Trial of new miniature DBS device suggests Parkinson’s symptoms can be reversed

The North Bristol NHS Trust located in Southmead Hospital is currently carrying out a trial involving people with Parkinson’s to test the effectiveness of the world's first miniaturised Deep Brain Stimulation (DBS) system. If the study is successful, it hopes to make the operation more accessible to people suffering from the degenerative brain disorder.

Some 25 patients with Parkinson’s symptoms have been selected to take part in the trial, which is set to conclude in 2023. Each participant will be implanted with the smallest DBS device in the world, the The Picostim DBS system, developed by Bioinduction, which is placed directly in the skull. 

One patient has already been successfully fitted with the device and reported positive results. Tony Howells, who first had the operation in November 2020, commented:

“The impact has been amazing, the dystonia which is a side effect from the medication has gone. I can now walk two miles or more, whereas before DBS, I could get about 200 yards then I would have to rest. I am back playing golf, not as well as I used to, but that’s probably down to old age catching up; but at least I’m back playing.”

DBS is a treatment for Parkinson’s that has been around since 1995. Its purpose is to improve symptoms like tremors, movement speed and involuntary movements by delivering electrical impulses to areas of the brain. Typically, DBS devices are implanted in pockets under the skin on the chest, but the new miniature system could reduce the complexity of this process, making it accessible to more people.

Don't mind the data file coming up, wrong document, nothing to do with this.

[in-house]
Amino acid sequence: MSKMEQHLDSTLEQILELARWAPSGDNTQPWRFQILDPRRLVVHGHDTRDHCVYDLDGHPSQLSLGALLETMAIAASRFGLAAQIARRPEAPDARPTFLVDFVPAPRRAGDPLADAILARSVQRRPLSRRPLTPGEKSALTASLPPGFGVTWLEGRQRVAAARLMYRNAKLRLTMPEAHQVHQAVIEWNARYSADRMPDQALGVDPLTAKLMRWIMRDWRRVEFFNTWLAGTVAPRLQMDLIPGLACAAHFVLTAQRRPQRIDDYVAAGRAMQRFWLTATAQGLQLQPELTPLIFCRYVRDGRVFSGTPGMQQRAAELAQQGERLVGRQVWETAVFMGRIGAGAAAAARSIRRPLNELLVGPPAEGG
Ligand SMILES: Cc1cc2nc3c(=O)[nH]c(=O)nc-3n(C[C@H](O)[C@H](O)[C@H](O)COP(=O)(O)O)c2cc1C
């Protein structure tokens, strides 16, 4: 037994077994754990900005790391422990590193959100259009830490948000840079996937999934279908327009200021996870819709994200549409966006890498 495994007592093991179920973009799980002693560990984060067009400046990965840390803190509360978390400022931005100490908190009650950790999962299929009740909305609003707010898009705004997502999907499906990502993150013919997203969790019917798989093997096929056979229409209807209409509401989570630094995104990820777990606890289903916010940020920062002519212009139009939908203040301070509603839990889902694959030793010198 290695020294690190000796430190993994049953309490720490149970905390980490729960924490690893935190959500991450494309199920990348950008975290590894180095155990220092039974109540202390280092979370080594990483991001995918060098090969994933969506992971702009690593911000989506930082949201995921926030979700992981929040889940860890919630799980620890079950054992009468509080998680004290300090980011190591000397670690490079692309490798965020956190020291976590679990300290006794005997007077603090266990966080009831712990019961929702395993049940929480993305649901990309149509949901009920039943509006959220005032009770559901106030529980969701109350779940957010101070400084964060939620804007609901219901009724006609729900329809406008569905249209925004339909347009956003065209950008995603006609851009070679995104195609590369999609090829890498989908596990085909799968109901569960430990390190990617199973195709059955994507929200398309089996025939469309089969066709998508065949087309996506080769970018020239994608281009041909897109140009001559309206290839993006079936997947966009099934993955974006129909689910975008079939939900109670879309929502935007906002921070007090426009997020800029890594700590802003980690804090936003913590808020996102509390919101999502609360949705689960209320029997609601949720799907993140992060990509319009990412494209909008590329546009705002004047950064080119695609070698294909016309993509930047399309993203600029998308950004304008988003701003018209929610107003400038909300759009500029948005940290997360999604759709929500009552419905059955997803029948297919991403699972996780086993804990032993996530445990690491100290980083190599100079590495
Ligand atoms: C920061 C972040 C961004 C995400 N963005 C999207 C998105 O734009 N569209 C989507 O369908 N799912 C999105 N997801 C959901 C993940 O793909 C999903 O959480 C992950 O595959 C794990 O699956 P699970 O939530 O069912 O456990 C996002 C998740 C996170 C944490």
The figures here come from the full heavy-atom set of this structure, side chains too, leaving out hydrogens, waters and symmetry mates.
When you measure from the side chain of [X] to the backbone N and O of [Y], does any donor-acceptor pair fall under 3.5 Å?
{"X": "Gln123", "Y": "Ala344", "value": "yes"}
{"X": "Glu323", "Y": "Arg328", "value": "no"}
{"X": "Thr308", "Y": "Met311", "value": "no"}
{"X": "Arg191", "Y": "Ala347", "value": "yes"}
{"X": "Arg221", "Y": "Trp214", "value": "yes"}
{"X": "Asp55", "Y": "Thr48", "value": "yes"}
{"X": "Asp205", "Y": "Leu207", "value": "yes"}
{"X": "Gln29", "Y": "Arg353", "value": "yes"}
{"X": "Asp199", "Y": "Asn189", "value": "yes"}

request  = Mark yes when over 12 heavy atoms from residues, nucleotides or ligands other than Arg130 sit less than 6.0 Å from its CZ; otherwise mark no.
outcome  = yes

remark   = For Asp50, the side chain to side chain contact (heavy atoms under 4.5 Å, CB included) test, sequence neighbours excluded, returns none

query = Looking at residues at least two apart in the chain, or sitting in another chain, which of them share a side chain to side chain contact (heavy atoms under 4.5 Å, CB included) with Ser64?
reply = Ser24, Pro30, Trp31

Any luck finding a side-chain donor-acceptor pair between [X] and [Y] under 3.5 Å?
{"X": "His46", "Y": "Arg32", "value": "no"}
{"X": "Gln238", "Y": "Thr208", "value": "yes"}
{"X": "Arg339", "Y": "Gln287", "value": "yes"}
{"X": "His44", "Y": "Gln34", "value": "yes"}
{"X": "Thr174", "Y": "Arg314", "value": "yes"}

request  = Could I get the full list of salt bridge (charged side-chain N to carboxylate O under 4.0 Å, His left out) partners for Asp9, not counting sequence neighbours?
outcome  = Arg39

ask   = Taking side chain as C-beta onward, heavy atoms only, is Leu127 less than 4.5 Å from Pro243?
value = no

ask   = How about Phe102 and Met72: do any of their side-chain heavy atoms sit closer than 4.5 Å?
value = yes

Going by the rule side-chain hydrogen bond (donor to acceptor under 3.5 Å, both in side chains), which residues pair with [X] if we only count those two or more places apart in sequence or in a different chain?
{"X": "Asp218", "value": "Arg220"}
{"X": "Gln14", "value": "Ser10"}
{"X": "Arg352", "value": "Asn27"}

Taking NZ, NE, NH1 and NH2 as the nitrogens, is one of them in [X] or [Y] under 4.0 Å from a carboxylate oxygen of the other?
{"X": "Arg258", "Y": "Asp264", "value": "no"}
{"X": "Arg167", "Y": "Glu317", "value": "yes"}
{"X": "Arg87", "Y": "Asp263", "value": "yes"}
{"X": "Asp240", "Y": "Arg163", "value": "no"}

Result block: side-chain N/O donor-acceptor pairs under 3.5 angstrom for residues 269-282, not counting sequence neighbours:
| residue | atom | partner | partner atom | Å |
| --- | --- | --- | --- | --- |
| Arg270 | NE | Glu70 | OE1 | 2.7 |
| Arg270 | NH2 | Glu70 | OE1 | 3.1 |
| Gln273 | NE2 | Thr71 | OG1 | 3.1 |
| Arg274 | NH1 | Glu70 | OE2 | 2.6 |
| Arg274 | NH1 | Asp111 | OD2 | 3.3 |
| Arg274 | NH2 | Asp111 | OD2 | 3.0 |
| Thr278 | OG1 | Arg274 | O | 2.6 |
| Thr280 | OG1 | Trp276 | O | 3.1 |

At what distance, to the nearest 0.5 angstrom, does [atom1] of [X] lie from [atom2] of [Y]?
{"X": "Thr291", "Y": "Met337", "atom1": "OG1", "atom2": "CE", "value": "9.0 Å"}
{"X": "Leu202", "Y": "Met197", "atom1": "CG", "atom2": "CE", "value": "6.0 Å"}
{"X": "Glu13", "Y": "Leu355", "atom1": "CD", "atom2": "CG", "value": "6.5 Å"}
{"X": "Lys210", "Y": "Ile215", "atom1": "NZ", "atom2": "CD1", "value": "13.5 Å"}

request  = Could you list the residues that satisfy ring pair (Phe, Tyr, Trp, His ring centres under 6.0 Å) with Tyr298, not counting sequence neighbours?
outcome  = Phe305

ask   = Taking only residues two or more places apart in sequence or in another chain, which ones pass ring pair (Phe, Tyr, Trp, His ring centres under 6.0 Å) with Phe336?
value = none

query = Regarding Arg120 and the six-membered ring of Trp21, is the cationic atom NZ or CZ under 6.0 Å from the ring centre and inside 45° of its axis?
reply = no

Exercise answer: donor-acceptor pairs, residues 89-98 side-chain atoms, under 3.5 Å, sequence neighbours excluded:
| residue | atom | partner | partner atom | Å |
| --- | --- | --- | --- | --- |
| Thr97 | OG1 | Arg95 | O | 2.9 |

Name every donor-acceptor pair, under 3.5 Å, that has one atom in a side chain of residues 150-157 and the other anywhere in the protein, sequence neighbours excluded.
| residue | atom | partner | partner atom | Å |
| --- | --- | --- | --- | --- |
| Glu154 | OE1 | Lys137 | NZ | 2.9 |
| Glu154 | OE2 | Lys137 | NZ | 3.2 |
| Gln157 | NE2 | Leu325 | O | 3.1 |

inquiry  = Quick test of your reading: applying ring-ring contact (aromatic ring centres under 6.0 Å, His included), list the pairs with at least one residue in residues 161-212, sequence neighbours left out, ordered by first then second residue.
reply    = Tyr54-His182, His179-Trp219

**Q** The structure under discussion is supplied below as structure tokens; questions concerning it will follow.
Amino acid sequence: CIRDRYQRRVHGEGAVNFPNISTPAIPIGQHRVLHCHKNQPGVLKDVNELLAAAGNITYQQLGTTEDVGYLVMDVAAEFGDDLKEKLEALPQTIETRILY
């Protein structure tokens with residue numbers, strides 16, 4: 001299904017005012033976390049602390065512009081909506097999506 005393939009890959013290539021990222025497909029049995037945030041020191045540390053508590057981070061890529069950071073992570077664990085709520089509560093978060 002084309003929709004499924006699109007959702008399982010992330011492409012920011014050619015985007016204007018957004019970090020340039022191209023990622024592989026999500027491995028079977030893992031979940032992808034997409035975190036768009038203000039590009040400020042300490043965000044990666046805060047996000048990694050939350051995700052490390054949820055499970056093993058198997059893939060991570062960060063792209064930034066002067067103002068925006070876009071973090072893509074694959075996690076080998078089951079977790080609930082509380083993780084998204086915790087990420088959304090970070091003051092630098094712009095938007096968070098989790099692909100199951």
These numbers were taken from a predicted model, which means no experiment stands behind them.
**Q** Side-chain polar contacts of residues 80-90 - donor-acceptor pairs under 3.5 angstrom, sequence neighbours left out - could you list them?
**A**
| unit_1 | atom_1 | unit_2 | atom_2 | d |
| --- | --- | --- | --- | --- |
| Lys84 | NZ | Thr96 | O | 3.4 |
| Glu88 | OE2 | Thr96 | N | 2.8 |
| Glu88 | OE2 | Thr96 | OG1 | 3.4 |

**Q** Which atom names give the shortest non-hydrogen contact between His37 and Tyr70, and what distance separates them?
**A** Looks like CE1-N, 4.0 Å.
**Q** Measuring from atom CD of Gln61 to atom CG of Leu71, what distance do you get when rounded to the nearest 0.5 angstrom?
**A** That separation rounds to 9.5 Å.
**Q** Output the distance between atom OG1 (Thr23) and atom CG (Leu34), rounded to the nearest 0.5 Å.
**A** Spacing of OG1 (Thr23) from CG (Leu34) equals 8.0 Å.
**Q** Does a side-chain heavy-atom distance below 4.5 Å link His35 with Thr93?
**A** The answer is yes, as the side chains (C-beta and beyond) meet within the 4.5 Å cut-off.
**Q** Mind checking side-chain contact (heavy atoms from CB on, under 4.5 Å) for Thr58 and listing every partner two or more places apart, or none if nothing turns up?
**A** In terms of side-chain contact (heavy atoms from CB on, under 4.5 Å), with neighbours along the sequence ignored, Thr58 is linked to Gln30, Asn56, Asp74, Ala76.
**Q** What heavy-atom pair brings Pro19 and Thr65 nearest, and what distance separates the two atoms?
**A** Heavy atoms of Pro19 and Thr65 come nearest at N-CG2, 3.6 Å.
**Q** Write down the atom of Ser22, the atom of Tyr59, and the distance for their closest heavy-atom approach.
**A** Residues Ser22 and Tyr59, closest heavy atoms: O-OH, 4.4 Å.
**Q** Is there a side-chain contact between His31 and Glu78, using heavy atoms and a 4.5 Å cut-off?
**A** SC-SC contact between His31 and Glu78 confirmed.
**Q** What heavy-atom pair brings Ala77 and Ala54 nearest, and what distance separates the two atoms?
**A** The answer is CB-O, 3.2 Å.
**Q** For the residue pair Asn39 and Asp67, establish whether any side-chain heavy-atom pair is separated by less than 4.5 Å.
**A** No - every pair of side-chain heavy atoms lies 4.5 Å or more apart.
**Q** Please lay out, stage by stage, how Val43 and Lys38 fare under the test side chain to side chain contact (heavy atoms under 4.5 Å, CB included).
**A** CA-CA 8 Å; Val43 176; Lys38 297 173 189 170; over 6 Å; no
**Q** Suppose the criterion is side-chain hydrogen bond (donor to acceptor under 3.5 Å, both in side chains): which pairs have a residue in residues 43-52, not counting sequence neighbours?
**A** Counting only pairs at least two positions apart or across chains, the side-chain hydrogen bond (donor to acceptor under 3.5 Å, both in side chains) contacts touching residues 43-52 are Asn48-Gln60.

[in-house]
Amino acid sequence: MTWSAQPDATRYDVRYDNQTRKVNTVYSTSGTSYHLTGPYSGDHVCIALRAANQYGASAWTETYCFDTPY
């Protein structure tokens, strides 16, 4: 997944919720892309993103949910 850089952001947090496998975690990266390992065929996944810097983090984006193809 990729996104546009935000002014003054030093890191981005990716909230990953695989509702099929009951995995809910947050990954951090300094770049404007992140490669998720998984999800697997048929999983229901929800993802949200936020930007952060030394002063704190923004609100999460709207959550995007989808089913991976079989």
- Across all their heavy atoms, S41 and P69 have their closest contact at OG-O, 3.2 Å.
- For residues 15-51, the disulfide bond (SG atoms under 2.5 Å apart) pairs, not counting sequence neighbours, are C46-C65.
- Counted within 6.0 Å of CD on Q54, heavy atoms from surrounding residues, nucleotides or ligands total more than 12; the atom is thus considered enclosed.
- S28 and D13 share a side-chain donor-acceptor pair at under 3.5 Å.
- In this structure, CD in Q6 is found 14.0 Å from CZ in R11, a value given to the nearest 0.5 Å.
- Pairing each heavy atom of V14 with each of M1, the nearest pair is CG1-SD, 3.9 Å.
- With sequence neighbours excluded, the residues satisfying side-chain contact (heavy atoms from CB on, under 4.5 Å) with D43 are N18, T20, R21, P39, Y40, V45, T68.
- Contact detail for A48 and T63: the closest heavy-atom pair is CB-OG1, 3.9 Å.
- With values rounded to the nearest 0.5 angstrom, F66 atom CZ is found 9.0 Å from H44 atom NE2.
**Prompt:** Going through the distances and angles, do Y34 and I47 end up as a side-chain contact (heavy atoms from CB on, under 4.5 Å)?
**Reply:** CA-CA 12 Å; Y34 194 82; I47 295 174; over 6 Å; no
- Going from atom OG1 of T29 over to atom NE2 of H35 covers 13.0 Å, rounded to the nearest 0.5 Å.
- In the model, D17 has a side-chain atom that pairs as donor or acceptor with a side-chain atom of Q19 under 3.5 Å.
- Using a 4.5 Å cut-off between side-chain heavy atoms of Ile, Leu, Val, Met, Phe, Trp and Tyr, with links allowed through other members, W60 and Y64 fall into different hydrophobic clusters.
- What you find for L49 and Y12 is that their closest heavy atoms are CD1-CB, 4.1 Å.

Dr Beckie Port, head of research communications at Parkinson's UK, commented: 

''This new device has the potential to make existing DBS surgery quicker, safer and cheaper. It could make DBS therapy more widely available to a larger number of people with Parkinson's. However, it is important to know that DBS is not a cure and it's not suitable for everyone with the condition.''

According to Parkinson’s UK, there are 145,000 people in the UK diagnosed with the disease. There is currently no cure, but this new DBS system provides hope for simplifying the implantation procedure to offer more people the opportunity to use this device to reduce debilitating symptoms.